Last month a new museum opened its doors in France. It exhibits a rather peculiar collection of art, since all of its works are copies. A team of artists and scientists devoted all their effort to produce meticulously resemblances of the originals. These originals were made as early as 35000 years ago, in a cave we now know as the Chauvet Cave named after one of its discoverers. Soon after its discovery, it was decided to close the cave from the public to protect the fragile, unique pieces of art it had shielded for so long from decay.
When visiting the cave, even if only online, one cannot but be in awe for what our ancestors, in the harsh conditions in which they lived their short lives, were able to create. We enter a world very different from ours when we engage with paintings of large animals, abstract shapes or mysterious figures. But even if we were to be able to enter a prehistoric mind, the cave world would still be a peculiar world, distinct in nature from the world outside. It would represent a symbolic world, with as many complex layers of meaning as we find in, for example, the Sistine Chapel. Can we do more than merely entering this symbolic world physically? Can we somehow grasp something of the original astonishment of life from which this art emerged?
The ability to create and use symbols is, according to Terrence Deacon, a distinctive feature of the human species. The debate about whether we should see the relation between humanity and the natural world as 'continuity' or 'discontinuity' is beyond the scope of this blog post, although it is a highly interesting one. One could for instance question whether thinking in terms of species-specificity is really helpful in thinking about what it means to be human. Does species-thinking imply a dichotomy between ‘the human’ and ‘nature’? Instead of taking up questions like these, this blogpost will briefly discuss another aspect of the notion that we are a symbolic species, namely the question of whether we can somehow see a connection between us, modern humans, and the prehistoric artists who gave us the Chauvet paintings.
Jan-Olav Henriksen argues that theology should review its concepts from the perspective of 'deep history', or, briefly, from the perspective of the evolutionary origins of our species. Taking this perspective leads, according to Henriksen, to the question of 'where to draw the line':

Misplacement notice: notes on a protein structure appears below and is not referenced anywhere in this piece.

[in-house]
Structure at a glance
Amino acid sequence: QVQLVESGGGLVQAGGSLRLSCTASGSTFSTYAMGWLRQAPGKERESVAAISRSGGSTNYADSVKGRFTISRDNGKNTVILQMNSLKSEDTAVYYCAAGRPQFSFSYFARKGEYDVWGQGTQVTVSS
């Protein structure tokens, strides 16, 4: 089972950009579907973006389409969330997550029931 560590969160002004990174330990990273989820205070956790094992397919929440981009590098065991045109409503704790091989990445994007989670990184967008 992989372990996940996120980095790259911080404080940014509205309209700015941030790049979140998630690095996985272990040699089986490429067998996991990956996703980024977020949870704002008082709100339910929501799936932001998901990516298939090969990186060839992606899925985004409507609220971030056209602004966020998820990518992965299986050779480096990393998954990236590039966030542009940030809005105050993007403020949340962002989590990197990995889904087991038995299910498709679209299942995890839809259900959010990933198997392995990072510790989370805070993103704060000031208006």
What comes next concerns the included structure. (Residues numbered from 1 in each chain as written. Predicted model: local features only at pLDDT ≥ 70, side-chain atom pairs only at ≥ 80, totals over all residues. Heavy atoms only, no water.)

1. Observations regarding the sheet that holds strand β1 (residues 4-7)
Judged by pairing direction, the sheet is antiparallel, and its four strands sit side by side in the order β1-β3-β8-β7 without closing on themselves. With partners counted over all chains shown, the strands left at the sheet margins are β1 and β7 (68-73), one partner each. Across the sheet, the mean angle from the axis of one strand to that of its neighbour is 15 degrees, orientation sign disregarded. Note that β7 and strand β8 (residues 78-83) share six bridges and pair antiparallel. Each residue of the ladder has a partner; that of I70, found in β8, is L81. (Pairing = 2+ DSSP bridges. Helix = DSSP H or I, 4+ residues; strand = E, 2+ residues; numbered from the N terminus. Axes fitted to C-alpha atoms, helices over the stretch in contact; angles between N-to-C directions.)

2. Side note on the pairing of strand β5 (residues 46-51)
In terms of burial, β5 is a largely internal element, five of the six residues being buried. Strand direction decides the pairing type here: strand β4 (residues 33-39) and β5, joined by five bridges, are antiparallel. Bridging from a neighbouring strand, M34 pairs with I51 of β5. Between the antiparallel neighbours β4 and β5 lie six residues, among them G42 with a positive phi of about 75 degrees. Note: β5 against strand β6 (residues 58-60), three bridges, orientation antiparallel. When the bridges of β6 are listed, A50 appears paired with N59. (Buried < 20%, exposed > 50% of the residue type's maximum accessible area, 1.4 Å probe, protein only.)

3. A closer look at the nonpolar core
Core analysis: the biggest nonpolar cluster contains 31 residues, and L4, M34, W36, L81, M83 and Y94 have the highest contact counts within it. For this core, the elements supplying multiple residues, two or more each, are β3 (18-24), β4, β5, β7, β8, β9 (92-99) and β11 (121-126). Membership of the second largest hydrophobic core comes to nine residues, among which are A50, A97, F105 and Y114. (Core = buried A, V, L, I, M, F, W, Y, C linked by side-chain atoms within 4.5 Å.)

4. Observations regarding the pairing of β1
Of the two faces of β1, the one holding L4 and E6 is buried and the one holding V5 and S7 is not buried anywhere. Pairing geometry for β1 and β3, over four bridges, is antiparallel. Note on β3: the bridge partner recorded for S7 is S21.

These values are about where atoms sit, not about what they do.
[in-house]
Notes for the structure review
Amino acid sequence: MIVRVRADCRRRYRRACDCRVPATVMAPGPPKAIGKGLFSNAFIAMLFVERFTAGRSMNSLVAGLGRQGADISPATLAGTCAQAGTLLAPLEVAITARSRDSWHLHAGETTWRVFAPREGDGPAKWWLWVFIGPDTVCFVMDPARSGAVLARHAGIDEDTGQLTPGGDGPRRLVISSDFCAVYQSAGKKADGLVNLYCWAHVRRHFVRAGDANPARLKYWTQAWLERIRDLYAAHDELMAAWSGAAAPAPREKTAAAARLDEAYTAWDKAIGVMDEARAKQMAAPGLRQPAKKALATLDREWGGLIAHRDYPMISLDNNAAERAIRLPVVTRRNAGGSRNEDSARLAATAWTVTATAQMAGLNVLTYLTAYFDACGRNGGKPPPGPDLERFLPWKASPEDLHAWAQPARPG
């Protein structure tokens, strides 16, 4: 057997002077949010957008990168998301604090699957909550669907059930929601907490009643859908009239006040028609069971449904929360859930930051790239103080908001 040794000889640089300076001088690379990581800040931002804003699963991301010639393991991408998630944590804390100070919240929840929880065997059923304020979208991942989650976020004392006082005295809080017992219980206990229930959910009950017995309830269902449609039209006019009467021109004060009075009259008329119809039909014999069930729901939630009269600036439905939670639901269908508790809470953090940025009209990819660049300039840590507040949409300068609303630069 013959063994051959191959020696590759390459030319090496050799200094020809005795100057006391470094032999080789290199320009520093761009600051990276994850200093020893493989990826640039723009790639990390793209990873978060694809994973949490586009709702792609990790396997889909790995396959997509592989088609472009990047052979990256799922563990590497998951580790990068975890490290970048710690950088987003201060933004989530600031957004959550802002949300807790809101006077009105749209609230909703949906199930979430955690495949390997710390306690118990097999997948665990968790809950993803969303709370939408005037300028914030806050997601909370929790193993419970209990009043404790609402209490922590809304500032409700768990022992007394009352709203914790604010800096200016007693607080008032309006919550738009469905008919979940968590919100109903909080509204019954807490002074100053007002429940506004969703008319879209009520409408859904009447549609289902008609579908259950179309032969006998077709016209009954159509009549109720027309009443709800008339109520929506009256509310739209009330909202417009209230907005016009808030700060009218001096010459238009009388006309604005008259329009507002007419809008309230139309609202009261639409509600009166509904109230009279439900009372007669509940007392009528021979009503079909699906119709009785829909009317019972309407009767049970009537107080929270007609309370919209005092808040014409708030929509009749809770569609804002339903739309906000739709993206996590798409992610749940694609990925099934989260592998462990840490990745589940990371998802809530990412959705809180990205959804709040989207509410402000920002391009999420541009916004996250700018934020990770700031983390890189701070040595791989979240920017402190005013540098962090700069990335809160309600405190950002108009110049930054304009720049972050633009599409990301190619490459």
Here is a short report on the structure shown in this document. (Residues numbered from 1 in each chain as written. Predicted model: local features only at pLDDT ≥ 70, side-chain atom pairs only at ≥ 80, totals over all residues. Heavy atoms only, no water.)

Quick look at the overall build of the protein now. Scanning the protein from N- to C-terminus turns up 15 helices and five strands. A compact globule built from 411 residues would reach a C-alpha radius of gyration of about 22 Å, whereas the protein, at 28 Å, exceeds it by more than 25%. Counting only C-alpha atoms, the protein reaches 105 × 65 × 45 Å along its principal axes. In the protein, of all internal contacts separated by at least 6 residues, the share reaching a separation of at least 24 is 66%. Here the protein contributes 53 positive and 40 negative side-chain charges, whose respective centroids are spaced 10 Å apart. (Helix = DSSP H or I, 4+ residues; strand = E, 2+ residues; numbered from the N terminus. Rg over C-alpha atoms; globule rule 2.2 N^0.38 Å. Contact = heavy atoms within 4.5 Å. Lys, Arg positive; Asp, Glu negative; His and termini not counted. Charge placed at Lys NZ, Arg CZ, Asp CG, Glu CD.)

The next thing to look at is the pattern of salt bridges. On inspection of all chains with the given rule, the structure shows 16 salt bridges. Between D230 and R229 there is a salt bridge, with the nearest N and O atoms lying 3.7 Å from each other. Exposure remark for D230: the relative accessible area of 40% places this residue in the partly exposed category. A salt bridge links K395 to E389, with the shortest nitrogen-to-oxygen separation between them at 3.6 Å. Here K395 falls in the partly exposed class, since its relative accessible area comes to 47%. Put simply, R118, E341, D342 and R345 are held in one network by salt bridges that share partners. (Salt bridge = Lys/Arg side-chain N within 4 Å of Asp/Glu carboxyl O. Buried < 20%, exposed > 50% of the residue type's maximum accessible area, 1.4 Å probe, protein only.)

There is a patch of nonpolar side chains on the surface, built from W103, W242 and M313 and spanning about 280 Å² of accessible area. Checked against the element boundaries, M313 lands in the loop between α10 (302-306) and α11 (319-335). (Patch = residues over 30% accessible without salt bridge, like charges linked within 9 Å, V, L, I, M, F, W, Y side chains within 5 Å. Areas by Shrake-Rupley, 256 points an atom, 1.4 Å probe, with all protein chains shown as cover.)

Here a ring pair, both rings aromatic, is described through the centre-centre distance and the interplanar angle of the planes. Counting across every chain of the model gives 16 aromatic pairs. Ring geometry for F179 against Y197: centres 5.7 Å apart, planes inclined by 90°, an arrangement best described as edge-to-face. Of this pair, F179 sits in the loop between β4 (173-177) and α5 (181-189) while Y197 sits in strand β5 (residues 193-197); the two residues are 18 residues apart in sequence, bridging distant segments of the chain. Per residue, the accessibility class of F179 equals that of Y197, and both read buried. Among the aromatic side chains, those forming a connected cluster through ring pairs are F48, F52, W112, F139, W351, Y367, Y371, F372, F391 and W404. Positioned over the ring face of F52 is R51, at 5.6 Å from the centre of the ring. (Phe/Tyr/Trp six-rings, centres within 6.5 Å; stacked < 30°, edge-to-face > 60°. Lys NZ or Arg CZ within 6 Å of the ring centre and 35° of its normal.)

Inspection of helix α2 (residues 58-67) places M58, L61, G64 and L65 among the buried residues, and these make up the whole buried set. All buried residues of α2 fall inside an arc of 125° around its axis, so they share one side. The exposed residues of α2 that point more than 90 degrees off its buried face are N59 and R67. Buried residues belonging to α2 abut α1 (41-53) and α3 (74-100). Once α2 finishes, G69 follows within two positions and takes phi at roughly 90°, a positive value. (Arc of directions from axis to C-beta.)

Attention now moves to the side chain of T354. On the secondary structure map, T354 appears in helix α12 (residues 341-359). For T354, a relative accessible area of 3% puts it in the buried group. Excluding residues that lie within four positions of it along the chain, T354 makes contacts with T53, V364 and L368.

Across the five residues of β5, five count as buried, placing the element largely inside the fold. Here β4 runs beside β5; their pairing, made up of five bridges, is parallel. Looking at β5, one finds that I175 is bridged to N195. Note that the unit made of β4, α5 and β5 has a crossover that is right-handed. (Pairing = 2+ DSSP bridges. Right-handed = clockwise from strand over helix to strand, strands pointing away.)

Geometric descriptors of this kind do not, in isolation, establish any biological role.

"(…), how are we to understand the fate of all those living beings who lived prior to Christ, and who were part of the earlier stages of human history - including the stages before there was anything like "organized" or assembled and traditioned religion?" (Henriksen 2014, 861) Henriksen agrees with Deacon's analysis on the importance of the capacity of symbols, making the observation that "Symbols may change lives and make history." (Henriksen 2014, 863)
But he is reluctant to see this capacity as necessary for the communication between God and human beings. That would lead, he thinks, to the unwarranted conclusion that for instance people with autism spectrum disorder are not in relation with God, in other words, that these people are on the wrong side of the line. What Henriksen argues for, is a gradual approach. God calls all living beings, he suggests, and "all living beings are able to relate to God on the basis of their given capacities - in different modes, manners, and ways." (Henriksen 2014, 864) Although much more can be said on the theme of inclusiveness and on capacity-thinking, Henriksen’s approach seems to allow for a more inclusive view on salvation history.
There is a wonderful story in the Bible that might suggest Henriksen's proposals are worth further consideration. The closing pericope of Matthew 14, 22-31, reads as follows:
“Lord, if it’s you,” Peter replied, “tell me to come to you on the water.” “Come,” he said. Then Peter got down out of the boat, walked on the water and came toward Jesus. But when he saw the wind, he was afraid and, beginning to sink, cried out, “Lord, save me!” Immediately Jesus reached out his hand and caught him. “You of little faith,” he said, “why did you doubt?”
There is much to say about this story, but of particular relevance here is that we see is how Christ always awaits us right at the point where we think we cannot go further, to reach out and catch us. As Henriksen holds, "there is no need to draw any "lines" that exclude part of creation from this work." (Henriksen 2014, 869)
Might this help us emphatize with the people who lived in the symbolic world of the Chauvet cave? These are the people to which Denis Edwards refers, when he writes:
"(…) we can think of our ancient forbears coming to self-consciousness in a world that was already a world of grace. Of course it would also have been a world of danger and fear. Our ancestors must have come to consciousness in a world that was extremely threatening. Perhaps their rituals and myths can be seen both as a way of taming the terrors of life and as an attempt to give expression to the experience of a grace."
This suggests divine grace to be enfolding human evolution, from the very beginning. Darwin once said, about his theory of evolution, that: "There is grandeur in this view of life". Could we, from a theological perspective, say that: “There is mercy in this view of the deep history of the relation between God and creation, between God and humanity”?